The GOP's Ongoing Lack of Respect

All American presidents deserve respect, and all American voters deserve candidates who will confront bigotry, and not sit in convenient silence when it rears its ugly head.
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People all over America recognize that the creation of jobs is the top issue facing our nation. But when President Obama requested to address a joint session of Congress on the issue, unlike any president in memory, he was told he must come back the next day.

During an address to both Houses, a Republican Member of Congress interrupts the president's speech and shouts out, "You lie." No one can recall such an act of disrespect to a sitting president.

In response to a smear campaign during the fall of 2008 alleging that he was not born in the United States, then-Senator Barack Obama proclaims that he was born in Hawaii. For months, many Republican elected officials give evasive and ambiguous answers when asked if they believe the president was born in the United States. When the GOP presidential candidate, who at that time was leading in the polls, directly challenges whether the president was born in America, President Obama releases all records of his birth. No American president had ever been compelled to do so.

Barack Obama is the first president to be asked to produce his birth certificate. He may be the first president to have ever been told to wait another day to address a joint session of Congress. And he certainly is the first president to be interrupted by a shout calling him a liar during a speech to our nation's Congress.

As uncomfortable as it may make us feel, there is another obvious first when it comes to Barack Obama. President Obama did not approach our nation asking to become the first African-American president. Instead, he asked for the opportunity to become the next president in a long line of leaders tackling the crises of their times. The context of our times, however, requires us to acknowledge the historic nature of his election and the special responsibility it imposes on all of us in our national political debate. As supporters of the president, we acknowledge our responsibility to defend and respect the rights of all who disagree with the president and criticize his policies. The president's critics and opponents, however, also share a special responsibility -- to denounce, repudiate and reject any remnant of our racially tarnished history. All American presidents deserve respect, and all American voters deserve candidates who will confront bigotry, and not sit in convenient silence when it rears its ugly head.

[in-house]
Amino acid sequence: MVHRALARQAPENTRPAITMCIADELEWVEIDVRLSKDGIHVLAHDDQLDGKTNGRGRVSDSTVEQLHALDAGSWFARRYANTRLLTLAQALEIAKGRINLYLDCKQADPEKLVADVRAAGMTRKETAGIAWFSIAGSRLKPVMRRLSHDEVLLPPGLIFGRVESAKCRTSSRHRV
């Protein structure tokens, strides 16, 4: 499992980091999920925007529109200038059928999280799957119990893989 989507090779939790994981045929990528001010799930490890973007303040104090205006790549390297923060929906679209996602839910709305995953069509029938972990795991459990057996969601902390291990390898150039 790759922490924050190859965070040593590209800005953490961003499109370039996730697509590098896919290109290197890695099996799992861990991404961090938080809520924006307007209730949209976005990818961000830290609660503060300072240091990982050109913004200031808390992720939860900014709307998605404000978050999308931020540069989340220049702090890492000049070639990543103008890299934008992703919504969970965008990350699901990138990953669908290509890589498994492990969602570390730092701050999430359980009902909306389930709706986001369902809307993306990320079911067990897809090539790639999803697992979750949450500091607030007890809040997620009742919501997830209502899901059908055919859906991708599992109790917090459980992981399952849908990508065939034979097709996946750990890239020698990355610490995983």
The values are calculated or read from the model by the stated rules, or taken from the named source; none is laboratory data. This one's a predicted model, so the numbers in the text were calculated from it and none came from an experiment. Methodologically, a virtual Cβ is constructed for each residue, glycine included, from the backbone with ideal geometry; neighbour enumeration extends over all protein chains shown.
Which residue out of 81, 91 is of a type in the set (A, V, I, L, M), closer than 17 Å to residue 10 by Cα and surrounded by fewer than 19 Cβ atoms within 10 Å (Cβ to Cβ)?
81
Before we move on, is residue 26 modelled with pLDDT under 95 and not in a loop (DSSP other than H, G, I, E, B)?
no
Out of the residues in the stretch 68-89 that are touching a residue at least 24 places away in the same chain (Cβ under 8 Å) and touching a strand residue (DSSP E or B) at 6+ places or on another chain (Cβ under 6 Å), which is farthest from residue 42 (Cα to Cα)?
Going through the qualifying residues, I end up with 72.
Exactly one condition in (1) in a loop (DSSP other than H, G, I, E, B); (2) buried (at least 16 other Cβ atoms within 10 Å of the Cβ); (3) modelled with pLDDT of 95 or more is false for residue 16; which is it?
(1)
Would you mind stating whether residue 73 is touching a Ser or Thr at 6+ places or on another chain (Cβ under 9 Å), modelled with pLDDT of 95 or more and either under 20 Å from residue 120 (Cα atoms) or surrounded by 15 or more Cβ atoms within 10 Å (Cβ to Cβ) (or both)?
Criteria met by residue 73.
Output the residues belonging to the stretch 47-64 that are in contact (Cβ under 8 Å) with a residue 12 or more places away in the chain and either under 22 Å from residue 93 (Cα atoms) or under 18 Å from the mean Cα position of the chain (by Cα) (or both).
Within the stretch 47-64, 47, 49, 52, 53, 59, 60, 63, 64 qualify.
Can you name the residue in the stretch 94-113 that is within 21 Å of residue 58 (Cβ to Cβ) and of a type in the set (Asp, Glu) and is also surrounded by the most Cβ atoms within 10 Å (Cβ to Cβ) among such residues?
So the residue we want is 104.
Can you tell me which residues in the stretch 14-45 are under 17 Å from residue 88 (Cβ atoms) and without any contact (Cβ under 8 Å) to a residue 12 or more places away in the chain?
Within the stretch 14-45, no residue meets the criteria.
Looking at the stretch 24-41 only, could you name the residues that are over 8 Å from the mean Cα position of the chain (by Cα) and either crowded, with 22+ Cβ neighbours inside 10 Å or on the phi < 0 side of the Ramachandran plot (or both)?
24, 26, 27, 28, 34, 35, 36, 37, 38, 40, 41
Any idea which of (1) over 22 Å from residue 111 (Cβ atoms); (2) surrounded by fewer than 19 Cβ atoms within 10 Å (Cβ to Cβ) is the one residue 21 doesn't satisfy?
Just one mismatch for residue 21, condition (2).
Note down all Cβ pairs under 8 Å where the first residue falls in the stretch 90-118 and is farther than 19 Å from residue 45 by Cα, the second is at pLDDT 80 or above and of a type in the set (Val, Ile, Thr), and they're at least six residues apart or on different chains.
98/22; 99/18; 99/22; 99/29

Recently, one of the leading Republican candidates for president, Texas Governor Rick Perry was reported to have taken friends, colleagues and contributors hunting on a ranch widely known as Niggerhead -- a name visible on a large rock at its entrance. This word is not simply a socially unacceptable expression. Our painful history -- both centuries ago and very recently -- shows that the use of the "N" word often preceded acts of violence. Viola Liuzzo and Rev. James Reeb were called N-word lovers before they were murdered. Most recently James Anderson was murdered in Mississippi and the young white perpetrator reportedly said, "I ran that n****r over."

Though it is in dispute as to whether Governor Perry ever objected to the name, tried to change it, or if he stopped hunting at the ranch, it seems indisputable that these reports caused barely a ripple in the tide of the Republican presidential campaign. Where were the Republican voices of outrage -- or at least concern -- about these reports? Why was there time to discuss Gardasil injections, marriage covenants and gays in the military, but no time to deal with this painful reminder of an America that none of us claims to want?

If, as Herman Cain says, "it's time to move on," what exactly are we "moving on" from? And where are we headed? Are we moving on from the disrespect shown to President Obama over his birth certificate? Not when Governor Perry said recently that he is "not sure" whether the president's birth certificate is "real." Are we moving on to a politics where we give the president enough respect to put his jobs bill up for a vote? Not according to House Republicans who refuse to consider the proposal or give Congress the opportunity for an up-down vote.

Whether we support or reject the president's policies, we should all reject systematic disrespect of any president. The pattern of disrespect shown to President Obama, coupled with the deafening silence from Republicans over the disturbing reports of Governor Perry's hunting ranch, confronts the GOP with an opportunity -- and an obligation -- to stand up and speak out for the America to which we all should aspire.

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